Katsuhiro Otomo’s acclaimed animated short Combustible won Japan’s prestigious Media Arts Award on Thursday (Dec. 13). Set in mid-18th-century Edo (the old name for Tokyo), the short centers on a merchant’s daughter and her childhood friend, who are attracted to each other, but forced to stay apart by their families. Fate brings the star-crossed lovers together later in life. Combustible is also one of 10 selected titles that have been shortlisted for the Oscar for Best Animated Short of 2012.
The backdrop for this spectacle is one of the great fires that frequently occurred in Edo. Using traditional Nihonga (Japanese-style) paintings as a motif for the animated images, the work meticulously recreates the manners, implements, and lifestyle of Tokyoites some 300 years ago. In addition, by combining hand-drawn animation with 3D computer graphics, Otomo (Akira, Steamboy) has developed an innovative form of expression through moving images.
“The quiet, exceptionally beautiful pictures fill us with anticipation as we await the tale of passionate desire that is about to unfold,” noted the judges. “Then the view suddenly switches back to the rear, and we realize that we are looking through the camera’s eye. The fictional story, inspired by incidents such as the Great Fire of Meireiki (also known as the Furisode or Long-Sleeved Kimono Fire) and the Great Fire of Greengrocer Oshichi, is depicted in an ornate and dramatic manner. There has never been a work that was better suited to the 16:9 aspect ratio. It creates a special sense of excitement, allowing us to vicariously experience the spectacular pictures in these old dioramas as if we were watching a kabuki play from the front row on the second floor of a theater. Hinoyojin is a uniquely Japanese animated work.”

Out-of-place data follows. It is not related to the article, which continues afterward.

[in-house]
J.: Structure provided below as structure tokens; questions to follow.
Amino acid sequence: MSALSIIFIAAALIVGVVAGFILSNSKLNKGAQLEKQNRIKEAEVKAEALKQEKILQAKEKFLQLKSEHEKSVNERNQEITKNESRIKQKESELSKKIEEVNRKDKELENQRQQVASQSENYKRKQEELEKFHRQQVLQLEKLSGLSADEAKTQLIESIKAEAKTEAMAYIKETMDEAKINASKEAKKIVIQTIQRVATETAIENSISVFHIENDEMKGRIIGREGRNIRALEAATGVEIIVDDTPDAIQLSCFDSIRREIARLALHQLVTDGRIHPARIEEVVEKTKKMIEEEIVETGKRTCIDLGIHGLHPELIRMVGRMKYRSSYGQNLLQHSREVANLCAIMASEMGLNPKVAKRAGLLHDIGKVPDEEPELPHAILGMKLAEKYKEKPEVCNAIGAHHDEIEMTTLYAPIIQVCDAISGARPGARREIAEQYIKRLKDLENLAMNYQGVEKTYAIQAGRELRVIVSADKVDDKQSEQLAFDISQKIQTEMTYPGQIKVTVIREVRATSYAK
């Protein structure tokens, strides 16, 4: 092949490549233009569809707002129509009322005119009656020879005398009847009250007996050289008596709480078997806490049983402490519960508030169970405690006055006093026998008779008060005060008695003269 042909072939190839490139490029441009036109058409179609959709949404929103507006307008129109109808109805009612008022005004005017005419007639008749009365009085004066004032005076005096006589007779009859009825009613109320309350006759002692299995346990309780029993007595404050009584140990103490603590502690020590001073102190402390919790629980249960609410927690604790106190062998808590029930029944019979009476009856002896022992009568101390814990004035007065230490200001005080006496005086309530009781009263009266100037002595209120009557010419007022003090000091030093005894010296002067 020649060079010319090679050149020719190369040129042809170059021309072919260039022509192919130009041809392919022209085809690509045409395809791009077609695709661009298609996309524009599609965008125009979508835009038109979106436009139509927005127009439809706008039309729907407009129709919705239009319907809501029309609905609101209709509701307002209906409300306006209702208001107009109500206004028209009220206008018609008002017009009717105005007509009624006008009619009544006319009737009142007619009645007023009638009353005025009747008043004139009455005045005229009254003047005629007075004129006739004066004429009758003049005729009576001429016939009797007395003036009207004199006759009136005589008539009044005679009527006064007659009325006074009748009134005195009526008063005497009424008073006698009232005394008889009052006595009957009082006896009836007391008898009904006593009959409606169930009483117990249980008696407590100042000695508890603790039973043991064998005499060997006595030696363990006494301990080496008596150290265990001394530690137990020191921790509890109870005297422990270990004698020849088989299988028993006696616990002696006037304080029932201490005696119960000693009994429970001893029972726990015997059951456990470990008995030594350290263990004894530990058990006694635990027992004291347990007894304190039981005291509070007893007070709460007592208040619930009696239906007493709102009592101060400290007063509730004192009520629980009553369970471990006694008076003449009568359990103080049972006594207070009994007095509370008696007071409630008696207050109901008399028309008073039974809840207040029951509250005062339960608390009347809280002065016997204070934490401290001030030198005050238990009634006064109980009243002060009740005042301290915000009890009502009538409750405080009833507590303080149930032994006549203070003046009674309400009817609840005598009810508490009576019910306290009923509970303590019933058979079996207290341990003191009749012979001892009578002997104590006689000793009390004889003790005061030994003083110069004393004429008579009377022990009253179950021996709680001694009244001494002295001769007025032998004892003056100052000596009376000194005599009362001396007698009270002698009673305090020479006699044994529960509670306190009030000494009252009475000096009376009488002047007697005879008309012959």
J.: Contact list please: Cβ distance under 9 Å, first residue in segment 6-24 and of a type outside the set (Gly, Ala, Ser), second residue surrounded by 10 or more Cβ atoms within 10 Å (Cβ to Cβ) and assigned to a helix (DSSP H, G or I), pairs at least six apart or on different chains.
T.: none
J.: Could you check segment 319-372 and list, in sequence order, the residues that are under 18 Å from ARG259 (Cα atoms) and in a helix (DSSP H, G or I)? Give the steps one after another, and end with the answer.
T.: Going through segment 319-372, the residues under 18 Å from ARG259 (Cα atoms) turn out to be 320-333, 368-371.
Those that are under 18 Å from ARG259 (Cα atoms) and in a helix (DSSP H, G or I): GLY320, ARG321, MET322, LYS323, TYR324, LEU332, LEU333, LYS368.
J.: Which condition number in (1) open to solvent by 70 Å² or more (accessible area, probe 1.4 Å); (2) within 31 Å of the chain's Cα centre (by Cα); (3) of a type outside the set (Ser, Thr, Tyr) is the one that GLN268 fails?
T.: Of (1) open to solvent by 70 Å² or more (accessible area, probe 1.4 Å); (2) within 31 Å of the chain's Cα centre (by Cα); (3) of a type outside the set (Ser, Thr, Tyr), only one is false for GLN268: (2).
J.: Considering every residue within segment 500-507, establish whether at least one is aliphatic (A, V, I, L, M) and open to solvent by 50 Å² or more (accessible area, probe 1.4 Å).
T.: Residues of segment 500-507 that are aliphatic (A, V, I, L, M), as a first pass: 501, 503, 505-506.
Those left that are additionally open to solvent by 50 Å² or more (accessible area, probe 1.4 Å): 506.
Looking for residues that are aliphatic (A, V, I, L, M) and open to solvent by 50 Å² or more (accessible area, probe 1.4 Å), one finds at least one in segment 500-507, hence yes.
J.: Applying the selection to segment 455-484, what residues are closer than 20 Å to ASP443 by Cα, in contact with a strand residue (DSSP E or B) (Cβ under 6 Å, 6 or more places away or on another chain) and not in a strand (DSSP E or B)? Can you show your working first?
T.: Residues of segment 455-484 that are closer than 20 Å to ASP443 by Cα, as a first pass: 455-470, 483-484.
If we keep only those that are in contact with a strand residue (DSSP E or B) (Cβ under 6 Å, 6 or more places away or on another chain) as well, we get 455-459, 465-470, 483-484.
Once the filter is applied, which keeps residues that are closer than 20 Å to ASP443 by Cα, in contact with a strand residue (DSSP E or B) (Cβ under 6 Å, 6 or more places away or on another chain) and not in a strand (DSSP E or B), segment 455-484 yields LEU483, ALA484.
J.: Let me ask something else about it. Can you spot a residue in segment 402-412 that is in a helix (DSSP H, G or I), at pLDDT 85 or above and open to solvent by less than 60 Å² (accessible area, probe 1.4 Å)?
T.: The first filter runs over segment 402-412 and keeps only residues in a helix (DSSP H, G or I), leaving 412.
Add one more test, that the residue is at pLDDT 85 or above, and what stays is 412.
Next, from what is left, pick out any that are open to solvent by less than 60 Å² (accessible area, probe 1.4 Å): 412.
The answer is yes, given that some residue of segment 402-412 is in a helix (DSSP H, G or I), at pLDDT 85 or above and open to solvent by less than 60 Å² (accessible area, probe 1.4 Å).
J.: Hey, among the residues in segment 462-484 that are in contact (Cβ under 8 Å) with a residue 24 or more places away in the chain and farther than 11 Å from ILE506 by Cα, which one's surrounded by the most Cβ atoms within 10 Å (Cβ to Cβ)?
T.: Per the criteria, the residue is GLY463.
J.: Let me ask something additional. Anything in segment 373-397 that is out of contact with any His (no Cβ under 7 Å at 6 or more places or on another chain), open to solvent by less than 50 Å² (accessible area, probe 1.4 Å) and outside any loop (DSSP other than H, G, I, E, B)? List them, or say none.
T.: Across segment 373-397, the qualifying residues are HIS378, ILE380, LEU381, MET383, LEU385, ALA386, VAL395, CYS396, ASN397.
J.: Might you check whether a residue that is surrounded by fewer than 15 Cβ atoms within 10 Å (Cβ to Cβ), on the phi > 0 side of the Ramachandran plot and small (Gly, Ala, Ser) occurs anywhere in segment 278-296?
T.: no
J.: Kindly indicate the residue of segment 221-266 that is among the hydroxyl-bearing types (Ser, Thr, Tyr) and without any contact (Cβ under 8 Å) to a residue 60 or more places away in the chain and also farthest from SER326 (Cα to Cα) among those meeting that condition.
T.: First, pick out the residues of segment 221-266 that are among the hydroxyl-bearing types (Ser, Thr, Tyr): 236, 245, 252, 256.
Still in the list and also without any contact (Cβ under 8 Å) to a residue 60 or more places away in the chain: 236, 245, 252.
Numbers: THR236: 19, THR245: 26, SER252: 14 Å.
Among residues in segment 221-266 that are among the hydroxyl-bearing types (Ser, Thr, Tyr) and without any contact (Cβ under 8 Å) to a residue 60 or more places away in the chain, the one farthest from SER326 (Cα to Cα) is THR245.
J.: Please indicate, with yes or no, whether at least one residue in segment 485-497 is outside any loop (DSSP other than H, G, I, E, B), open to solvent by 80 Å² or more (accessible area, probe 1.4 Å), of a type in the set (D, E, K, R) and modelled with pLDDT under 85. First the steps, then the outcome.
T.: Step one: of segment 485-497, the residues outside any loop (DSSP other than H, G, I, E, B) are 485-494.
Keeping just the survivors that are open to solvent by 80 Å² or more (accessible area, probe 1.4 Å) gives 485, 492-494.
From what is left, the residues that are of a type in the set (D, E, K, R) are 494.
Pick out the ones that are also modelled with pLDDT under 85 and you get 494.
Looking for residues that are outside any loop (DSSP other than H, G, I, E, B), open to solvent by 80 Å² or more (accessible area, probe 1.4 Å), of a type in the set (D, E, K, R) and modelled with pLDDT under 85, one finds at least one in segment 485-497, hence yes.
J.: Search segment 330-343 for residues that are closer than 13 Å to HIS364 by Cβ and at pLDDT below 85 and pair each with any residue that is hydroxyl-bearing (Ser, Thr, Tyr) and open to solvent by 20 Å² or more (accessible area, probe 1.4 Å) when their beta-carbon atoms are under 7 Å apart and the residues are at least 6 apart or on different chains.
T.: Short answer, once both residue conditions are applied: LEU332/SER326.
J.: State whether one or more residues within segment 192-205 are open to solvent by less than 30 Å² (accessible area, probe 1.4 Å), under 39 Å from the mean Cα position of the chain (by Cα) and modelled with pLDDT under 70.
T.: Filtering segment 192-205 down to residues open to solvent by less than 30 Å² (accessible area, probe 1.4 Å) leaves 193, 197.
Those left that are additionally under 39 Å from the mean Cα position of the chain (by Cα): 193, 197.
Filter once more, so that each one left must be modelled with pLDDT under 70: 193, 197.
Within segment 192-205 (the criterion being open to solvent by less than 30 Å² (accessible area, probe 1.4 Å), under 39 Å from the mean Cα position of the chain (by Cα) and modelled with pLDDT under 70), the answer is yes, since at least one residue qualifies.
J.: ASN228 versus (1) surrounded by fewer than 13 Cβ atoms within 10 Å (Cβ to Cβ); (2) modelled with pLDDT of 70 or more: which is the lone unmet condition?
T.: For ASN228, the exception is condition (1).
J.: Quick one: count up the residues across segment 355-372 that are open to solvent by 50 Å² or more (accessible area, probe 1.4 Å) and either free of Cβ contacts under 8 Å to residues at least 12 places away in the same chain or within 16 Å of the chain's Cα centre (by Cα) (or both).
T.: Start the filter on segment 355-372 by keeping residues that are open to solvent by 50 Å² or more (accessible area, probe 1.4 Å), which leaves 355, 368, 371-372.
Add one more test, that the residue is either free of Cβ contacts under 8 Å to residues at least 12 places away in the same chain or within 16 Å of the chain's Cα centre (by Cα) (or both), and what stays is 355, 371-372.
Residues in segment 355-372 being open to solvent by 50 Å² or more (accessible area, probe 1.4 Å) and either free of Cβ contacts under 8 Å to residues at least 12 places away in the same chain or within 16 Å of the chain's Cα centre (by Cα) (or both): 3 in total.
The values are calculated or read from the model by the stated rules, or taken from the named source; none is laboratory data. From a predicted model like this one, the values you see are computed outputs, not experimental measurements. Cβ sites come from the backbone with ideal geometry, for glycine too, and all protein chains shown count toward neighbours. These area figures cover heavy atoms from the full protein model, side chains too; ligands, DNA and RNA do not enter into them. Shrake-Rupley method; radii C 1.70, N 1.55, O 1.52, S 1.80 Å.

Keiichi Satou’s Asura (Toei Animation), The Great Rabbit by Atsushi Wada, The Life of Budori Gusuko by Gisaburô Sugii and Mamoru Hosoda’s Wolf Children were also given awards of excellence by the jury. The New Face Awards went to Yorkio Mizushiri’s Futon Monkey Punch/Sayo Yamamoto’s Lupin the Third: The Woman Called Fujiko Mine and Emma De Swaef and Marc James Roels’ Oh Willy….
The 16th Japan Media Arts Festival will be held in Tokyo from February 13 to February 24 of next year. Previous winners of the Media Arts Festival Awards have included Summer Wars, The Girl Who Leapt Through Time, The House of Small Cubes, and Franz Kafka’s A Country Doctor.
For more info, visit www.j-mediaarts.jp/awards/gland_prize?locale=en§ion_id=3.
You can also read an article about the making of Combustible, in this month’s edition of Animation Magazine.